This weekend saw a verdict in the trial of Michael Dunn, accused of killing Florida teen Jordan Davis in 2012. The jury found Dunn guilty on three counts of attempted murder, but declared a mistrial on the murder charge for Davis’ death. According to reports from Al Jazeera America, Dunn’s attorney argued that “there were no signs Dunn was planning the shooting, only firing his gun when he saw Davis wielding a weapon from inside the vehicle and felt threatened.” However, Dunn is white and Davis was black and—with echoes of the George Zimmerman trial still fresh in public memory—supporters of the prosecution argue that shooting was racially motivated and premeditated.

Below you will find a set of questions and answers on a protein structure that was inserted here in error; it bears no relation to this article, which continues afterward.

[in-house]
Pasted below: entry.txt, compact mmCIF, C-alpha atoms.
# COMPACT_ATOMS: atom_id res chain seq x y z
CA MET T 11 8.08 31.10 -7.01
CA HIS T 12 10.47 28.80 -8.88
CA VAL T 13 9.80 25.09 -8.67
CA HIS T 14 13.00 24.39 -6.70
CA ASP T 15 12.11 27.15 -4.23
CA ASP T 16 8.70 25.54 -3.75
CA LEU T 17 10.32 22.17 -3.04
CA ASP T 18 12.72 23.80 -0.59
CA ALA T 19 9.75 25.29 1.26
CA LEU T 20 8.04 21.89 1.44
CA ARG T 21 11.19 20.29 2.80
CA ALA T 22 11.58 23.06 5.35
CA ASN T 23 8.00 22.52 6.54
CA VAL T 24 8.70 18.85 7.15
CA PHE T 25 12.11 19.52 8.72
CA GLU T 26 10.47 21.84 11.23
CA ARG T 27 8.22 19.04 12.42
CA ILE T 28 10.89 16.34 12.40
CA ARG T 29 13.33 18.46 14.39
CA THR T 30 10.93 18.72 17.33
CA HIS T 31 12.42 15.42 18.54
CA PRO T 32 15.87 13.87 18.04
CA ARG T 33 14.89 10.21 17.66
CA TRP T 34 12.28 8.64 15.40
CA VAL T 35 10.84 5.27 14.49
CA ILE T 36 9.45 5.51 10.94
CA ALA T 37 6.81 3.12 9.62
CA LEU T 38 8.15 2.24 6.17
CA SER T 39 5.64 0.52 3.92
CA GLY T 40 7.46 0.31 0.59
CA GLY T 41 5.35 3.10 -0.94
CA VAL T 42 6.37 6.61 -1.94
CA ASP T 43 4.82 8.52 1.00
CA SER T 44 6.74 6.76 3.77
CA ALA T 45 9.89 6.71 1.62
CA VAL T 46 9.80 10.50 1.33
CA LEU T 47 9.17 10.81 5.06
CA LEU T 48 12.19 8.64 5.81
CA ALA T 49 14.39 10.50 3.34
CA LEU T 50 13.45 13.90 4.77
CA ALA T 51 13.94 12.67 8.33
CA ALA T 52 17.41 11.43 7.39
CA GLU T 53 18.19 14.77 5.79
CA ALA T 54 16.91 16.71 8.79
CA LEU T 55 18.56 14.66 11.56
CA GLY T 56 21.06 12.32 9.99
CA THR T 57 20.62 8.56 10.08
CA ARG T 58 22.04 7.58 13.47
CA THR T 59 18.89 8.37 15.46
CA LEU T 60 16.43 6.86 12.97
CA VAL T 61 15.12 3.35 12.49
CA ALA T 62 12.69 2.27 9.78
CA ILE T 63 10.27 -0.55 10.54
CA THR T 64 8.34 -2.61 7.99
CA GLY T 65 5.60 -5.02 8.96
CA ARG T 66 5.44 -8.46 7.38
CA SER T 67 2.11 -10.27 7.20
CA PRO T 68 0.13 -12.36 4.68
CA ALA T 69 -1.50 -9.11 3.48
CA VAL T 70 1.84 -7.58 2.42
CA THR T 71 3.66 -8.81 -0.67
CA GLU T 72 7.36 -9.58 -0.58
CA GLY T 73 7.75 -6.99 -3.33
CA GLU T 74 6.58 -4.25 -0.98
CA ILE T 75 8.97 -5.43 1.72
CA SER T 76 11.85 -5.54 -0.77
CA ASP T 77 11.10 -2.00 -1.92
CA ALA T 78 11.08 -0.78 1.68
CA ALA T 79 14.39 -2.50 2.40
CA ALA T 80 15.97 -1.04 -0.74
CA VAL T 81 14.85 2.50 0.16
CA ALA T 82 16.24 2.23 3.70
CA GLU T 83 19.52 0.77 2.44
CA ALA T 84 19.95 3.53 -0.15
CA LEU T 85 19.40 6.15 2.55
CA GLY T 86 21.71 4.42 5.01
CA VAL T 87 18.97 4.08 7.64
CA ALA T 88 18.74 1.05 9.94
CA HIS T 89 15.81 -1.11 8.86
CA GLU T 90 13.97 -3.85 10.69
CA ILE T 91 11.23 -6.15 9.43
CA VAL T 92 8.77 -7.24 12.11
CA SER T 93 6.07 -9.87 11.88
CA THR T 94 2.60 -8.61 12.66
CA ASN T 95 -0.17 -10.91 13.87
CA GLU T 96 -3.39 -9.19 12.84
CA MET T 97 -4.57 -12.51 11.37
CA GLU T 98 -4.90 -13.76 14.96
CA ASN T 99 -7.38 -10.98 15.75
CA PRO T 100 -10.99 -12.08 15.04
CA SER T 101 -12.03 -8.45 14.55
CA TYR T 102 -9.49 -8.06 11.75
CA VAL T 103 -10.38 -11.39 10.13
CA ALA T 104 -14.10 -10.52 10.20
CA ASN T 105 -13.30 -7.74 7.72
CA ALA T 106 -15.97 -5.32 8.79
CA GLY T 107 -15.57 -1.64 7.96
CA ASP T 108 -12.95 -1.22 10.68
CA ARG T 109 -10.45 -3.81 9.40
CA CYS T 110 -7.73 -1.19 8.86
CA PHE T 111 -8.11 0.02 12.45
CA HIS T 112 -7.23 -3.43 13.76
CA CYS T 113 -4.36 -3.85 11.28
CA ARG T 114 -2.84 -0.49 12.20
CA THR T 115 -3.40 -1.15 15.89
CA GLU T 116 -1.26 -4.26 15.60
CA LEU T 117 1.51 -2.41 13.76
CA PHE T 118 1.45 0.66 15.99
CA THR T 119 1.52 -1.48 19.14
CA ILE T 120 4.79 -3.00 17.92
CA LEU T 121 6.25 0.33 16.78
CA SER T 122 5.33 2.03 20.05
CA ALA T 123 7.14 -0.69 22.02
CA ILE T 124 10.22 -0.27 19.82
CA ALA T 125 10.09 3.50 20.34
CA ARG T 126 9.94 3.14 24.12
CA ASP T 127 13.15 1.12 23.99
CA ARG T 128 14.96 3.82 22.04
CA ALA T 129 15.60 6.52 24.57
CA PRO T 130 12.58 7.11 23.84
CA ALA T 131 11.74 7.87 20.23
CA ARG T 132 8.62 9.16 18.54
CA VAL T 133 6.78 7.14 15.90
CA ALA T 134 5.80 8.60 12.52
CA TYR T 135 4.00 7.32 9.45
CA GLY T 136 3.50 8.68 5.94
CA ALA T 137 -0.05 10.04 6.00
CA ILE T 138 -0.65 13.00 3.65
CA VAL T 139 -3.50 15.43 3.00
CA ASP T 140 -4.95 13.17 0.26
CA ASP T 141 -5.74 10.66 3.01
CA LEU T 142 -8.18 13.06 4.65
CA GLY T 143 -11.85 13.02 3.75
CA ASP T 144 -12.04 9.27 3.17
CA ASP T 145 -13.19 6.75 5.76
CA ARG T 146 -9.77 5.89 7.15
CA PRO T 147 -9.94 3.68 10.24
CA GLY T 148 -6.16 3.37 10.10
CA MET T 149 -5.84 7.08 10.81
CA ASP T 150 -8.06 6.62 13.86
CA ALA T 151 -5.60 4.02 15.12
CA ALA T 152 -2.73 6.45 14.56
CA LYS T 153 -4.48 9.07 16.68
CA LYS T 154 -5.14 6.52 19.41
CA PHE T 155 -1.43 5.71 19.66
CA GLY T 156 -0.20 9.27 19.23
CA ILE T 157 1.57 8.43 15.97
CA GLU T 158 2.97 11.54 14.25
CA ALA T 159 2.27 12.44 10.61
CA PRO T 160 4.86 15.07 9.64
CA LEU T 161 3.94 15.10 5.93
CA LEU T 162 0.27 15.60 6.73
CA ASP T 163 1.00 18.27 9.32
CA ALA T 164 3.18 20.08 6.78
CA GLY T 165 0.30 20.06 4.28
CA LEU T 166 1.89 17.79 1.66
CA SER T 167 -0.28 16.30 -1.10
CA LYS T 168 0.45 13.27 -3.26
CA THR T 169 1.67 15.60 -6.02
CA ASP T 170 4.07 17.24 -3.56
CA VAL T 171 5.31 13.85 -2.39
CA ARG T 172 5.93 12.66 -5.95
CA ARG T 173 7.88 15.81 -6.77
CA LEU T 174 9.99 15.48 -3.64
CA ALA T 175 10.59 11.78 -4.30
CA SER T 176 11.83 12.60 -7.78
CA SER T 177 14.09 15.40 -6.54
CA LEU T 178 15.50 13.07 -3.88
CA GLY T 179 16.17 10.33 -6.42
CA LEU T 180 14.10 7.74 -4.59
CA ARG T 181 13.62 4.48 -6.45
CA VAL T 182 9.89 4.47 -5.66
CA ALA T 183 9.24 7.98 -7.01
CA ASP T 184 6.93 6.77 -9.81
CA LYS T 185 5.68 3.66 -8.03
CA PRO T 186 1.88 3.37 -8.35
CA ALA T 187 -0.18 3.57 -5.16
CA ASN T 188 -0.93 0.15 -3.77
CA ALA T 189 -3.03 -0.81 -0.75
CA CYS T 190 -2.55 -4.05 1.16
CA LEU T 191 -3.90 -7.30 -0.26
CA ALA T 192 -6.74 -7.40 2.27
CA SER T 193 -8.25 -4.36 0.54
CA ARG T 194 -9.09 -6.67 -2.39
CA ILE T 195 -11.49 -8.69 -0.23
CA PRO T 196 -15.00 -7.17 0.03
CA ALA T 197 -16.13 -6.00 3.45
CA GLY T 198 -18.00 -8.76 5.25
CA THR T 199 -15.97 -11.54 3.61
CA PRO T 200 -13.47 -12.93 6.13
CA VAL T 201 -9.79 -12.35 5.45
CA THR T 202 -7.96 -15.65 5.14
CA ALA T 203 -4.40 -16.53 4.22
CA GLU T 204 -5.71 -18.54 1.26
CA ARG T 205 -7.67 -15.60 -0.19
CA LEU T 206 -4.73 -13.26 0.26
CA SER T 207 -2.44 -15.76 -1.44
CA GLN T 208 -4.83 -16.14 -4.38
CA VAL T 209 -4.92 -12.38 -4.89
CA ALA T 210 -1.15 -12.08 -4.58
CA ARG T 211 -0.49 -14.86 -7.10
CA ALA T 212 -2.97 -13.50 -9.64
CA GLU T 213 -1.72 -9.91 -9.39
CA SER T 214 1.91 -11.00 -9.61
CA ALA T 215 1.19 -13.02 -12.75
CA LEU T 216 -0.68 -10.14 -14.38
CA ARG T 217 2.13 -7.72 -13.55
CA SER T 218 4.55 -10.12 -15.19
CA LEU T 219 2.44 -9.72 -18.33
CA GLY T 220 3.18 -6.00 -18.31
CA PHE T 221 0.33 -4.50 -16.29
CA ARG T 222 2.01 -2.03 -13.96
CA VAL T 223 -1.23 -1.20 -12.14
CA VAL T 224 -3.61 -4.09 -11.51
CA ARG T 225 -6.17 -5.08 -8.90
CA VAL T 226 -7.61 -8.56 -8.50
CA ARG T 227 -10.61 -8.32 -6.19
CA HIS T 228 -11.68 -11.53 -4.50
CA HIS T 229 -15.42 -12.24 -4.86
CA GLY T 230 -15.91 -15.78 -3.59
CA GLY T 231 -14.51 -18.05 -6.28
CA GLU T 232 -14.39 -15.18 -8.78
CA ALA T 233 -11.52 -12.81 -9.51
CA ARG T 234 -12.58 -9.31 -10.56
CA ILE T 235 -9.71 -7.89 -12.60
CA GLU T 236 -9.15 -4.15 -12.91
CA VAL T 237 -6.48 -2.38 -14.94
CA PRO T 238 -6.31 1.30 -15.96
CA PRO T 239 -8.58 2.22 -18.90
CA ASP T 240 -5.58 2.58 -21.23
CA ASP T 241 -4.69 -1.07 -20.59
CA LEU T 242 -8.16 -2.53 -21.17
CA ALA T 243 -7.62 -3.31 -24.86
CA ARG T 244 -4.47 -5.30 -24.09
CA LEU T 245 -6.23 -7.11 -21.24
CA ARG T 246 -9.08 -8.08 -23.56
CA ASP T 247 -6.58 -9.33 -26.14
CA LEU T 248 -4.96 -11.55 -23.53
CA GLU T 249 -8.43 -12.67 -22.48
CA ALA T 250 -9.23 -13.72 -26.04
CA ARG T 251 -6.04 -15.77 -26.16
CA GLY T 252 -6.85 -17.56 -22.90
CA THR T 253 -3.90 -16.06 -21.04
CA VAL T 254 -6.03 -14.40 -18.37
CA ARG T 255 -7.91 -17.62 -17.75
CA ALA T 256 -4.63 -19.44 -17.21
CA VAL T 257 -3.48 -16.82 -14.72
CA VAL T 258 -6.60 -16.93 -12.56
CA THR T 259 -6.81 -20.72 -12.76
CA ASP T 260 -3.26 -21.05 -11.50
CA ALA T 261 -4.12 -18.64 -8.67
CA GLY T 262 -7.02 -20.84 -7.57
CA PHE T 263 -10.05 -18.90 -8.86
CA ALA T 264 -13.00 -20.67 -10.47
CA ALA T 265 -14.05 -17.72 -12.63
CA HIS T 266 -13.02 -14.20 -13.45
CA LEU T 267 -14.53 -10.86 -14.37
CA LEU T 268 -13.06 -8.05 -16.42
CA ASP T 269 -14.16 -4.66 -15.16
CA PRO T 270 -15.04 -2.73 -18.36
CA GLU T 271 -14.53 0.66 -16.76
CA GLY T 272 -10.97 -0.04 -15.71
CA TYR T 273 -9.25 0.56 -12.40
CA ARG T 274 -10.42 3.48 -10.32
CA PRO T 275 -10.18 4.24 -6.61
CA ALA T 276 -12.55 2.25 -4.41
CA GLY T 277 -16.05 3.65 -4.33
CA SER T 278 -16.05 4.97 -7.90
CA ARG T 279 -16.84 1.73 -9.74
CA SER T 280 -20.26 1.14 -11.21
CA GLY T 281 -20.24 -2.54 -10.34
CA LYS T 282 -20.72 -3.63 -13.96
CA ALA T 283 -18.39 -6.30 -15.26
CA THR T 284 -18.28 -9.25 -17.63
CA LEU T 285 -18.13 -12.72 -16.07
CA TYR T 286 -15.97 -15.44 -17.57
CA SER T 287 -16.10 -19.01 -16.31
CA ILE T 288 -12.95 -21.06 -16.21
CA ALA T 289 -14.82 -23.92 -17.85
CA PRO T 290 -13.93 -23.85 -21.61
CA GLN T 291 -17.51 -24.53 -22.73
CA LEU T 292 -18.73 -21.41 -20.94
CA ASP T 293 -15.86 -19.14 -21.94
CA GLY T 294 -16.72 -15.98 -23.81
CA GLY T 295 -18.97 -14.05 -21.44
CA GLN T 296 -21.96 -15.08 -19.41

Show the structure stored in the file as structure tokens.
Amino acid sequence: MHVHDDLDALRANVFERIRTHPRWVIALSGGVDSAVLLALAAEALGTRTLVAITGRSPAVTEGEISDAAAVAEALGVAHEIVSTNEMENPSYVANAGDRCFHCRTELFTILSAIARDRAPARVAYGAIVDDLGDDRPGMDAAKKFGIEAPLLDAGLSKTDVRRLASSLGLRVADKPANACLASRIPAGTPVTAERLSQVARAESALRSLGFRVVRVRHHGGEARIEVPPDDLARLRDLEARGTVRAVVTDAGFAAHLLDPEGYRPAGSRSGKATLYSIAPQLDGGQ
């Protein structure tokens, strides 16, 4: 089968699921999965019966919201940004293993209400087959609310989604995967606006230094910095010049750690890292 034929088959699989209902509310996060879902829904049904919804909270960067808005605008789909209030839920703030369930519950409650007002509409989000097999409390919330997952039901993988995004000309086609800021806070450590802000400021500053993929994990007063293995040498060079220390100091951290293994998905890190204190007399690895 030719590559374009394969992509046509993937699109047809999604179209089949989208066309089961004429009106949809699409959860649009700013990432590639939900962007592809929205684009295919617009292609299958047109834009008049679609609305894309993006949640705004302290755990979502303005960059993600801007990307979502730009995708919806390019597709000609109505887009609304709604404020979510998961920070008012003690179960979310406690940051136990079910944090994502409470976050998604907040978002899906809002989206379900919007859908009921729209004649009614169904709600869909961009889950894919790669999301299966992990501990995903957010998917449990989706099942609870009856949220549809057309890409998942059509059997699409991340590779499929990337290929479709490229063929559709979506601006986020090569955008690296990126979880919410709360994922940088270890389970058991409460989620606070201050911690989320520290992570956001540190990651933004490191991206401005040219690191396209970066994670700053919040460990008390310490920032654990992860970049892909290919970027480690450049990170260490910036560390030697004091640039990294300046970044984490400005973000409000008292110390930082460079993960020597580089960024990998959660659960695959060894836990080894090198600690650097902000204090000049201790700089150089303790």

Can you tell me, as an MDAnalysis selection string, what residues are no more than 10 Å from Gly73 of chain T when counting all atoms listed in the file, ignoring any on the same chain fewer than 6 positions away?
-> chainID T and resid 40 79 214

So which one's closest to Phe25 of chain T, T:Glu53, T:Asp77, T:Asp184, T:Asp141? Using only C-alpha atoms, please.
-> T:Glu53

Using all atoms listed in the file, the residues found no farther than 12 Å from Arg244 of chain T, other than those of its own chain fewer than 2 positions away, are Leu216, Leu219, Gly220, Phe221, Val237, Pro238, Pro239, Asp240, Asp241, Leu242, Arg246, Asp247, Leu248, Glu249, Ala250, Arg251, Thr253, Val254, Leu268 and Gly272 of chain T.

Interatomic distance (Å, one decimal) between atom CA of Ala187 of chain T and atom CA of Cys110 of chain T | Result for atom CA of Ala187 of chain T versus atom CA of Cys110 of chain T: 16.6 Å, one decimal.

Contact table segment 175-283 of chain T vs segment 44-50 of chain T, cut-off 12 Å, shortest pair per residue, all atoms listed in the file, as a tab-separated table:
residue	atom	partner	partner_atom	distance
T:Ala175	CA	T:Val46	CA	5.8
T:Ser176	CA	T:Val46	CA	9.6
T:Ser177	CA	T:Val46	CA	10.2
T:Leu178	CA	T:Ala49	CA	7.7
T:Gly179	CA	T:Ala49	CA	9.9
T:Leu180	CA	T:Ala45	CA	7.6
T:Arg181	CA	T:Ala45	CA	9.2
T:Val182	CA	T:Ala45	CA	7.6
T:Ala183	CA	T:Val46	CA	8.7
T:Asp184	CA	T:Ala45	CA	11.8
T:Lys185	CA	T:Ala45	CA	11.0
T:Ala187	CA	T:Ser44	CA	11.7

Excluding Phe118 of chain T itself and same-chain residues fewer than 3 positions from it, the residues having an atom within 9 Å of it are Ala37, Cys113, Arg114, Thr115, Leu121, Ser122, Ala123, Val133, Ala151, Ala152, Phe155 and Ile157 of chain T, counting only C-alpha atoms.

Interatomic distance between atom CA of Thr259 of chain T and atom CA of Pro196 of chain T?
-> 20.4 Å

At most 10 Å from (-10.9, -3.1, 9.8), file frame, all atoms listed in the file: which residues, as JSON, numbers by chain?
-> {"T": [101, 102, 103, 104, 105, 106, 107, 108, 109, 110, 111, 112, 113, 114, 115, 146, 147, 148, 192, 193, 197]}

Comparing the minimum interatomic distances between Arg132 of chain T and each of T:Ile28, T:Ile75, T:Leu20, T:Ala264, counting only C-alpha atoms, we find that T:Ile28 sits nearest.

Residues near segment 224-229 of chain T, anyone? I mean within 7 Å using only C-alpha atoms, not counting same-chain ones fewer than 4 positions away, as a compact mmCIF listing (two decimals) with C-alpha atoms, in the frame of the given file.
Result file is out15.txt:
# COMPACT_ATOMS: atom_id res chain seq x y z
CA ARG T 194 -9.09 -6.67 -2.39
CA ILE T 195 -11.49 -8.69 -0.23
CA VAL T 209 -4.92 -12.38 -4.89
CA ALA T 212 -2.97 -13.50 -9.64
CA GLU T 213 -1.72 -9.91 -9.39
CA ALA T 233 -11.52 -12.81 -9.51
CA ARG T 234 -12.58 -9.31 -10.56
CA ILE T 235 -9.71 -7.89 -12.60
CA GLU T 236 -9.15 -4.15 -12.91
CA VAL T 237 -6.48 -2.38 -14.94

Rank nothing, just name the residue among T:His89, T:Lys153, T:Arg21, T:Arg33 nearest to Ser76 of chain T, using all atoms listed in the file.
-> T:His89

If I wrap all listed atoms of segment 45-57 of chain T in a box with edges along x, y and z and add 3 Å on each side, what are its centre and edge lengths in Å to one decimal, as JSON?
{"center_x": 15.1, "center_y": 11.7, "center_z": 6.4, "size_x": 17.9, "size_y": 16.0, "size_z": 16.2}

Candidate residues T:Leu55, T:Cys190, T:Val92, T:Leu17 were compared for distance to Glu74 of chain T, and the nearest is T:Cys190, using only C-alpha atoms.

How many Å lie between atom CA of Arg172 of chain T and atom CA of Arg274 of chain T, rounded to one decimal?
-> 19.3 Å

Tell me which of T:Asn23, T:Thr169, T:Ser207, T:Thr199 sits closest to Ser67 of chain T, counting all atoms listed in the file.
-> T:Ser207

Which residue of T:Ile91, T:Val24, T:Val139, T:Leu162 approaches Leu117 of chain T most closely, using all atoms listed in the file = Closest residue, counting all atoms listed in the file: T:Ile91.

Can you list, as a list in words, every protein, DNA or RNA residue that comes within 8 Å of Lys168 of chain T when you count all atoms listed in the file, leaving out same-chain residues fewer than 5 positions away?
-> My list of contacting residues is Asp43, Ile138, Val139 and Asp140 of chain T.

In cases like these, the argument often breaks down to whether violence was racially-motivated or a “colorblind” act of self-defense. However, race structures all parts of the criminal justice system.

Self-defense isn’t as colorblind as we think. Research in social psychology shows that race affects the way we perceive and react to threatening situations.
These individual reactions aggregate into big social problems, where race and social class impact how jurors and law enforcement make decisions about policing and punishment.

For a more detailed summary of racial threat experiments, see Sociological Images’ coverage of this work during last year’s Zimmerman trial.

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